However, shortcomings: understanding of governance as coordination to be too broad to be analytically and empirically helpful
    Regulation: intentional design of programs, rules or norms aiming to influence the behavior of others. Outcome evaluated against predefined goals

     Governance
    dynamics of evaluating and articulating rules in the face of complex situations that arise when authorities and regulatory structures overlap, when implicit expectations of the actors involved collide and contradictory interests become visible
    According to Grande (2012: 584), the assessment of governance arrangements depends on the acceptance of its consequences for the actors involved. In this sense, evaluation criteria are defined as part of governance processes
  • Informed by Dimitri Epsteins work of 2011, and Diss. 2012

    - Epstein describes the IGF as a "space that produces discourse and is shaped by discourse at the same time" (p.3)

    PROCESS: Recursive Loops
    In a form of a "recursive loop" (p.3) the IGF debates its role, its shape and processes of decisions-making within the IGF
    and continues to negotiate and renegotiate the boundaries and institutional arrangements.

    CRITICAL MOMENTS
    - Continuous conflict for instance about where the IGF should formally be based, or on agreeing on participation and decision-making mechanisms (p.17, 19) , esp. On the role of the MAGs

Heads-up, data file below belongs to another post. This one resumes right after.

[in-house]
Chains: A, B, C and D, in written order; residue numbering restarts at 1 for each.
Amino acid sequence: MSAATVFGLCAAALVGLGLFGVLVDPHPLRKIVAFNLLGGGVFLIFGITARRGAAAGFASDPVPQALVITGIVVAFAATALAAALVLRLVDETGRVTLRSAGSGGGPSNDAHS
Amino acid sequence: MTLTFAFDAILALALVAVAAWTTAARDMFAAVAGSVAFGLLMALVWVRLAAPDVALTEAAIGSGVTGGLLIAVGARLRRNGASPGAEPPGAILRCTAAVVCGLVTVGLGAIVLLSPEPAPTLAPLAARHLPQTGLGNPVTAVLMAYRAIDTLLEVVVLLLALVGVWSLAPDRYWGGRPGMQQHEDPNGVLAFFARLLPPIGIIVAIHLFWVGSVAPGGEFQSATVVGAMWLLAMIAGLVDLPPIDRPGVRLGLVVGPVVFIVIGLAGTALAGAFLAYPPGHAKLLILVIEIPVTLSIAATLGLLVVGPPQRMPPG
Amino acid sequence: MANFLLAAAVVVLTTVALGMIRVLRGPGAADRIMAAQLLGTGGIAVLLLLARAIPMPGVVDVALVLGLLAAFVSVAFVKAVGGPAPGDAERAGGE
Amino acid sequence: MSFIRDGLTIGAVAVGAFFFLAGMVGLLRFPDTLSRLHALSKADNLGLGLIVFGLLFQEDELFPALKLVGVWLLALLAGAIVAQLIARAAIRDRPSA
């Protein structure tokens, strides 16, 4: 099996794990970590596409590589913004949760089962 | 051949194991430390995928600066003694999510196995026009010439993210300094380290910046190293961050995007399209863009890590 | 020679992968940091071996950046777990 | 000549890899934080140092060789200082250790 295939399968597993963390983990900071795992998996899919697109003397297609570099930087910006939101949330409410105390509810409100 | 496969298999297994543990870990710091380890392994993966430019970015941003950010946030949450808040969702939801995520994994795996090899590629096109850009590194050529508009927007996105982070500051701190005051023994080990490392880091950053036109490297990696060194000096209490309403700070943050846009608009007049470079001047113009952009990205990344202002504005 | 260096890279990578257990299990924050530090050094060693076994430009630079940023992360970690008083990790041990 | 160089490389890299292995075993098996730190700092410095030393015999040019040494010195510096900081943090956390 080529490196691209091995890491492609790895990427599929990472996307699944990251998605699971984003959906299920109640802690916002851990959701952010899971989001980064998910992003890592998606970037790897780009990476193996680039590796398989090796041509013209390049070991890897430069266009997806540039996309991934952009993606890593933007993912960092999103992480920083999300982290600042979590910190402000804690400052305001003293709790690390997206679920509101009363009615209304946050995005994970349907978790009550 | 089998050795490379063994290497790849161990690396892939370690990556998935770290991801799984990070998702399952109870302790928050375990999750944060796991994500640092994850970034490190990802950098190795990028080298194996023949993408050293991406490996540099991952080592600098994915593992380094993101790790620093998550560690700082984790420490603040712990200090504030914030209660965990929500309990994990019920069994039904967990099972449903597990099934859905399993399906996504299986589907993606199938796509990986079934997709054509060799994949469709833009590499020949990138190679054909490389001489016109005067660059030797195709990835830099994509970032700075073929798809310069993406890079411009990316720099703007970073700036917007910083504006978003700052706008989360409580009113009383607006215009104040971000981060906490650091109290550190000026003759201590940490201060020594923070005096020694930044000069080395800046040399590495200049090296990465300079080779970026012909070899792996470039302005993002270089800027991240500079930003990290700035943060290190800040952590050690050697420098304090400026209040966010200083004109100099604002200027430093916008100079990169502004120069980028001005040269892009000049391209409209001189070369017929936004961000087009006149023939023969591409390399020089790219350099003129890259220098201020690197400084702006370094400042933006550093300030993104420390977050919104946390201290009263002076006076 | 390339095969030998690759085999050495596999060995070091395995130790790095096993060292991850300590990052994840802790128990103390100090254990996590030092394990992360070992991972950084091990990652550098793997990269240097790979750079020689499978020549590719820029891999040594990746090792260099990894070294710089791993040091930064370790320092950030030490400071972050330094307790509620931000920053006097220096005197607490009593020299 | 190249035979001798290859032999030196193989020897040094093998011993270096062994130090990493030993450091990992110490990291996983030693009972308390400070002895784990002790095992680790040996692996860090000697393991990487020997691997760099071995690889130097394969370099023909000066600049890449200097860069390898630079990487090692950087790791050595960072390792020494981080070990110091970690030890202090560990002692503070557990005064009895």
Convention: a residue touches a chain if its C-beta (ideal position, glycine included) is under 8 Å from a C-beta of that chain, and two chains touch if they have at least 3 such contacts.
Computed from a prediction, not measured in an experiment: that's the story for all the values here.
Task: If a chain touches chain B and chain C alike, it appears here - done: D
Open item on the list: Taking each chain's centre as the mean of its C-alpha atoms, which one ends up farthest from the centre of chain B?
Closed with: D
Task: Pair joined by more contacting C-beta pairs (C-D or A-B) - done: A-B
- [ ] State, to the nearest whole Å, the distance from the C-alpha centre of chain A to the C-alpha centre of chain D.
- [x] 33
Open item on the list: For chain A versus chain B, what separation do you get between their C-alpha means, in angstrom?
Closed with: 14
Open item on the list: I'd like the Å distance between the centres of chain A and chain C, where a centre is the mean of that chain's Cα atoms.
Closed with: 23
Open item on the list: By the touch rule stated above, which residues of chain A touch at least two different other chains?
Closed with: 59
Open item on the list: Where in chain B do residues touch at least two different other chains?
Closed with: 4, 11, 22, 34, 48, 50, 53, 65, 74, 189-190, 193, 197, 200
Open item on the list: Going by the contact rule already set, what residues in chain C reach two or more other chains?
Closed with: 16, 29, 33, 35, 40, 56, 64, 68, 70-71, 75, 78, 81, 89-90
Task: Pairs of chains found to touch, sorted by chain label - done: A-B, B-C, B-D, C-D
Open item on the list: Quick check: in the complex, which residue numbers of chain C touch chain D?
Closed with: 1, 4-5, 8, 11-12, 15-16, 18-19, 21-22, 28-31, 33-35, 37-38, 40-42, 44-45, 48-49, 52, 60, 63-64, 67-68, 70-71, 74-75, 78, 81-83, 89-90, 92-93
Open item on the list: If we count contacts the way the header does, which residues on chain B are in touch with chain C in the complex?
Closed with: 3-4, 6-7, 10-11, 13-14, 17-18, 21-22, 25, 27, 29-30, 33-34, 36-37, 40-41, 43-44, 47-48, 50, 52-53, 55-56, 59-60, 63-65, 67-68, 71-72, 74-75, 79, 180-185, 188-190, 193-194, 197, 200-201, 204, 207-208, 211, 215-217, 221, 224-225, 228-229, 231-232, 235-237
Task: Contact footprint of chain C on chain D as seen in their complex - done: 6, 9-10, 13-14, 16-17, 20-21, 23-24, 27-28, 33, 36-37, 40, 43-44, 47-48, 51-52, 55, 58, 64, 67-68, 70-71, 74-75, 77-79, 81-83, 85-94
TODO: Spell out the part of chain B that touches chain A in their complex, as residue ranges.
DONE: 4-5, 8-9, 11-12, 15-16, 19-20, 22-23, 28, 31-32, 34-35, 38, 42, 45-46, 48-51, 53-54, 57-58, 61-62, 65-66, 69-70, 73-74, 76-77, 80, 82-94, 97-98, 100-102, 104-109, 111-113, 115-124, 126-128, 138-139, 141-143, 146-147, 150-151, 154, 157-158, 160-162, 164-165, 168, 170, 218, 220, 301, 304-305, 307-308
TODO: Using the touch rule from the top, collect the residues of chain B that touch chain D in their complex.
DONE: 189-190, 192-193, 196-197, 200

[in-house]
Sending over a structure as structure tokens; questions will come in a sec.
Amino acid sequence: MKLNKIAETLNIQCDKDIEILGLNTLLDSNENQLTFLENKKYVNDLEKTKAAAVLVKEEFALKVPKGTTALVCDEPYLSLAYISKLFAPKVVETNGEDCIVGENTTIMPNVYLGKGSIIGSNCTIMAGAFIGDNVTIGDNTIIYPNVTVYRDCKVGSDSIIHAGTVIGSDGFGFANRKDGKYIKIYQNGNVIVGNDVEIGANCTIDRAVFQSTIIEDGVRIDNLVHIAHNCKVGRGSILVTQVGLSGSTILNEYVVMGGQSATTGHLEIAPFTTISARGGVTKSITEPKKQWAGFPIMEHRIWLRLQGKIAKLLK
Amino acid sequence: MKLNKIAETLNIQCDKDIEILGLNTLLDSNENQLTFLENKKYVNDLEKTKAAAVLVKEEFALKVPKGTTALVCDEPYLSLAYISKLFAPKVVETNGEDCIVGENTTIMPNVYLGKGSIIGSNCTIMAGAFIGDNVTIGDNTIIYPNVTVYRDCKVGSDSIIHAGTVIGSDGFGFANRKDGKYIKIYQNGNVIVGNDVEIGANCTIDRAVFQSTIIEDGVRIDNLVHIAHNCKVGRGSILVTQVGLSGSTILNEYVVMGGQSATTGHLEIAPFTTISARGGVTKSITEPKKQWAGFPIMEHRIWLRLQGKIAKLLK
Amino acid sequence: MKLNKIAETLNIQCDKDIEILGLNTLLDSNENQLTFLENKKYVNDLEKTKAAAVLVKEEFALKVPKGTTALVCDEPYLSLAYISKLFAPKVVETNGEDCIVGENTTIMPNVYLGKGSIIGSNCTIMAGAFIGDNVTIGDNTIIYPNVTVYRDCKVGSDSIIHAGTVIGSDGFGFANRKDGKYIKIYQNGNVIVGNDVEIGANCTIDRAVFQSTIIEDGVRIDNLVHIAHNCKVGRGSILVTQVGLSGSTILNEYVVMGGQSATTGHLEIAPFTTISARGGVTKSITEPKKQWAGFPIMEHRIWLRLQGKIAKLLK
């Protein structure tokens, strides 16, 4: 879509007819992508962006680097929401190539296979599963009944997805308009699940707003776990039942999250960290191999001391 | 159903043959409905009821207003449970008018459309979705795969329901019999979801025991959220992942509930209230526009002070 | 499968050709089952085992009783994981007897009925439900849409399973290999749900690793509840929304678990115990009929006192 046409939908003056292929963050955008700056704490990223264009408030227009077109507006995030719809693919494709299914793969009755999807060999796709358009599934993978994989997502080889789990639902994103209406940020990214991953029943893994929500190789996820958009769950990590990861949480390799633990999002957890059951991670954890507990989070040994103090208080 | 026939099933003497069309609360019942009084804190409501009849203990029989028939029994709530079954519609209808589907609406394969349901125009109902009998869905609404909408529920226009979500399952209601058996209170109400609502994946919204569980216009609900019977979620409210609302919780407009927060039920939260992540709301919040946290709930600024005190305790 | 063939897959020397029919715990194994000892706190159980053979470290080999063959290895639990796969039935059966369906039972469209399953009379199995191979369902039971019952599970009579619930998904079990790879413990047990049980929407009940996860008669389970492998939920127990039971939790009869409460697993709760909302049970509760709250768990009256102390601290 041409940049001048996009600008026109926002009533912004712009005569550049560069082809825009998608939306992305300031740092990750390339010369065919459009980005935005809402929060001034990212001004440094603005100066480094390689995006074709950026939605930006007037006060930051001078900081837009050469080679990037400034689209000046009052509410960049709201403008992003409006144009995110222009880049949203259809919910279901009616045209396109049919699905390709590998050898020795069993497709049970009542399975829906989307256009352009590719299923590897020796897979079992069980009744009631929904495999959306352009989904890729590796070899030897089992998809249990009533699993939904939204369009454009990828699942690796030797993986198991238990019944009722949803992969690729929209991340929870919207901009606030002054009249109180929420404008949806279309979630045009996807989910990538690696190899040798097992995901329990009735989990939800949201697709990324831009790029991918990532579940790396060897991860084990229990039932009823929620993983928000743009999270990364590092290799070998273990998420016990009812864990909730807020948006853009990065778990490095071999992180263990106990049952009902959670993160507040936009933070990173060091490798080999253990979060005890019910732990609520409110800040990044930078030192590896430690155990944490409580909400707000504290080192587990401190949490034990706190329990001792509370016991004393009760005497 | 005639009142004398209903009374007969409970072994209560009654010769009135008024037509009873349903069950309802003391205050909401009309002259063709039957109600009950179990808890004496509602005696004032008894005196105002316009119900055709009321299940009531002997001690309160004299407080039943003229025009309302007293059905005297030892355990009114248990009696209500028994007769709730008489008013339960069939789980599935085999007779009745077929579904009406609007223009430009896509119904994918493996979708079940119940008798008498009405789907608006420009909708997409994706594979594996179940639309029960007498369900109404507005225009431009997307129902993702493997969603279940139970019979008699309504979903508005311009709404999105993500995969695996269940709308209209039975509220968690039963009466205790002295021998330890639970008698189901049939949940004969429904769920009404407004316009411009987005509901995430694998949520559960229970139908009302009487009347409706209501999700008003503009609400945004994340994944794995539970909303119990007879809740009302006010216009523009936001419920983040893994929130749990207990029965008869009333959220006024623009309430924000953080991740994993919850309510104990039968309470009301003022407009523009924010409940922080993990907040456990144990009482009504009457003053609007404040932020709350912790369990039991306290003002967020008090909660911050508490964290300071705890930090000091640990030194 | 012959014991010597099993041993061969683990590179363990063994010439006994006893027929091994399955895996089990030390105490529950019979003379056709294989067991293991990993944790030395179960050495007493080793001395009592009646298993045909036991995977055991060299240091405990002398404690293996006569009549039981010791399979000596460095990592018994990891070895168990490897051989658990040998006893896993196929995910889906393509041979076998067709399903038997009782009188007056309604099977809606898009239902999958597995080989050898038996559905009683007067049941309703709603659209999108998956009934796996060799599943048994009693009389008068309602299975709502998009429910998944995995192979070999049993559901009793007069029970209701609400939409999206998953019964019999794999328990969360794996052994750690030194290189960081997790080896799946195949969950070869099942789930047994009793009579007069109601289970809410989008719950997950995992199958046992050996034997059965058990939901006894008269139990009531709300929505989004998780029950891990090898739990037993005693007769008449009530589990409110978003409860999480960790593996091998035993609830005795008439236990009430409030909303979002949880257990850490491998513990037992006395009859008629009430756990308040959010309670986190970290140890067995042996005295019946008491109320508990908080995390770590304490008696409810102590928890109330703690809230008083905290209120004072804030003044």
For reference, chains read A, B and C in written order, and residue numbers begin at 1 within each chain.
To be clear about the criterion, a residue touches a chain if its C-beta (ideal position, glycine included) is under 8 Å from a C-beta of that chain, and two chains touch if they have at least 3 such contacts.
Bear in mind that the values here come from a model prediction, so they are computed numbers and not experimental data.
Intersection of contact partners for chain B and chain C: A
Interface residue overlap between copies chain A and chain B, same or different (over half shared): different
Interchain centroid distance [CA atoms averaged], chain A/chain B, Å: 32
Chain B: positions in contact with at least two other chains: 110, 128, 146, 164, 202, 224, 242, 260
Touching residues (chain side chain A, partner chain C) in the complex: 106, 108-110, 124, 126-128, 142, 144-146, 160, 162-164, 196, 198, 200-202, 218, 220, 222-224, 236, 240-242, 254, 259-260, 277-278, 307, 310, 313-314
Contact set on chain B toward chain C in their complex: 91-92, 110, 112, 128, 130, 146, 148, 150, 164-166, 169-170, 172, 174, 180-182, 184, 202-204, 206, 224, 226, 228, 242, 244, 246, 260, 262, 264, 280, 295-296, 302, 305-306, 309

- in this open, discursive space, the challenge is however to compromise of many different worldviews and the conflicting opinions the participants bring in about how the internet should be governed.
     
    - IGF gains and maintains legitimacy through participation, but at the same time exercise some kind of authority: "The discursive attributes employed in the IGF, are symbolic representations of different worldviews on Internet and Internet governance. To participate effectively in the IGF, one needs to internalize those attributes and to accept a model of coexistence of the different perspectives." (p. 37)

    BOTTOM up
    By debating the formal and the informal practices of the forum, IGF participants engage in discursive reflection not only on the technical modus operandi of the forum, but also on the underlying normative framework for Internet policy decision-making." (p.5)
     
    OUTCOME: a fluid concept
    - primary outcome is language
    - "In absence of predefined “tangible” outcomes, the success of the IGF is a fluid concept." (p. 23)